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How to Handle Premature Pricing or Demo Requests

Posted by Carole Mahoney on 2/20/19 8:00 AM

So, how much does your stuff cost?

How do you handle it when your buyers ask you that question way earlier than you want to deal with it? 

 

This is very common advice that we hear from a lot of sales trainers and experts, except that research shows that buyers don't like being put off. They feel suspicious when you're not willing to answer their questions. It's kind of like when you go into a restaurant and there's no prices on it. Your first thought is, "Well, it must be really expensive if they won't tell me the price."

Don't be afraid to dive into discussing price

Rather than avoiding the price conversation, dive into it. There's a framework that you can use to do so rather than saying, "Well, it depends and it can be a range from zero to 100 million." That doesn't really answer their question.

What if you were to actually use a framework and share with them how your pricing structure is compiled?

For example, when someone asks me about pricing, I say, "It's comprised of three different components. First, it will depend on your revenue goals and when you want to achieve them by as to how aggressive a program you need to develop. Second, it will also take into account how many sales people you have or how many sales people that you wanna hire. Third, price will take into account what kind of work needs to be done with those after we do an evaluation of your team to see how much work actually needs to be done."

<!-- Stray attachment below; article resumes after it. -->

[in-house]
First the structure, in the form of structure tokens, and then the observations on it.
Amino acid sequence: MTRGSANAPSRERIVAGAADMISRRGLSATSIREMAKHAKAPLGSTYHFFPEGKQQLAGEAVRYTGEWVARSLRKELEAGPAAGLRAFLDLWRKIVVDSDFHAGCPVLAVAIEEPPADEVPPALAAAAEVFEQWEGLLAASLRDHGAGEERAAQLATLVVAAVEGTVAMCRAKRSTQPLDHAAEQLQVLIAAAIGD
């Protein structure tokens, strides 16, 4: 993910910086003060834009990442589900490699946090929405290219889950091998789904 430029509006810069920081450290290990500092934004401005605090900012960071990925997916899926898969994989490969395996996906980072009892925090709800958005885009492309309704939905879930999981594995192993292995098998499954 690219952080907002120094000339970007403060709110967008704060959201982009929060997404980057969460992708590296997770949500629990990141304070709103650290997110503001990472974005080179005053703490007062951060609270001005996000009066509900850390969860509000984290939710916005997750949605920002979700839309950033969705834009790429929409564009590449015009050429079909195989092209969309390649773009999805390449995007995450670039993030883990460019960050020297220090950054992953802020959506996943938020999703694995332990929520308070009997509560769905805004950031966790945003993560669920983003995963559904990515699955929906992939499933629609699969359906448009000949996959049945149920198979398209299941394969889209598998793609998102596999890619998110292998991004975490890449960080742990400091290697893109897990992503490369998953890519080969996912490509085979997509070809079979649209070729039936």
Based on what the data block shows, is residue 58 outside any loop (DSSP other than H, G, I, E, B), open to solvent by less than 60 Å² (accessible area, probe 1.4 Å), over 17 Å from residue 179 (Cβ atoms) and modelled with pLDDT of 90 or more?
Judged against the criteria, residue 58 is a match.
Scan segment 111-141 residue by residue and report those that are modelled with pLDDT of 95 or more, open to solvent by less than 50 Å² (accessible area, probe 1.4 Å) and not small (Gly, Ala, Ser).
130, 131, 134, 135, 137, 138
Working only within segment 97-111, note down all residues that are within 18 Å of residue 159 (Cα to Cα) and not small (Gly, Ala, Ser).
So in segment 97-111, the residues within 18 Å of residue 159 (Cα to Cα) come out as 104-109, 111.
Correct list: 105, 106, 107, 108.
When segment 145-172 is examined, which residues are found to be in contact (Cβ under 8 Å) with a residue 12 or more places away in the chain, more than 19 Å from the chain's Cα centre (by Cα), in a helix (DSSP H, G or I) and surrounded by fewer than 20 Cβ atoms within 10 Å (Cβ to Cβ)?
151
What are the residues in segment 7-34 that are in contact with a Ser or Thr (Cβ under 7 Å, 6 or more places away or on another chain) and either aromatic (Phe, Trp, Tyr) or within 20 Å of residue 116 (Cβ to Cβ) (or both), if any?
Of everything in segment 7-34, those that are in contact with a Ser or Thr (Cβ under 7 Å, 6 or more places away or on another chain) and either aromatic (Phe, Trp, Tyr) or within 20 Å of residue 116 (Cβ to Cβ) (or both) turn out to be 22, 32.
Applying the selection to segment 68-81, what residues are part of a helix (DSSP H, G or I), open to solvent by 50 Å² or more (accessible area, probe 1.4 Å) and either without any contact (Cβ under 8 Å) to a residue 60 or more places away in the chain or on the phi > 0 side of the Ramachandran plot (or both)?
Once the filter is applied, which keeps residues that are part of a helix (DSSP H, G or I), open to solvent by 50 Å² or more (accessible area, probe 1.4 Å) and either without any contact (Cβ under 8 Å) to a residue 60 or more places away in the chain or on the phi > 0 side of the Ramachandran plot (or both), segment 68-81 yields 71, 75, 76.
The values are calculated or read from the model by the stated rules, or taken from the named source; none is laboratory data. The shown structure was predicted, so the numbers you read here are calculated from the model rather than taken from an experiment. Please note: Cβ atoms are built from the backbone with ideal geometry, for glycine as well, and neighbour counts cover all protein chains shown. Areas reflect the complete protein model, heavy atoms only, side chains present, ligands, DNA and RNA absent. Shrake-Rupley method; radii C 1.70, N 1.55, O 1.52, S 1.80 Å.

Benefits of talking about price early on

That helps to answer the price conversation and then also uncover why they're asking. Is it because you're trying to figure out what your budget should be? Are you comparing it to your competitors? Are you trying to keep your current vendor honest?

There's a lot of reasons why buyers ask questions up front, because before they spend any kind of time with you, they wanna know if this is something even feasible for them do. If they a 10 thousand dollar problem, but the solution costs 100 thousand dollars, well then it's really not gonna make much sense for them to dive into a solution that they can't afford.

Rather than avoiding the price conversation, handle it by sharing how your price is structured and then ask, "Can we dive into these three components so that I can give you an accurate price for what you're trying to achieve?"

Hopefully that helps you with your next pricing conversations this week and make sure you join me on our next #livesaleslab every Tuesday at noon Eastern time. 

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Topics: sales coaching, salespeople, #livesaleslab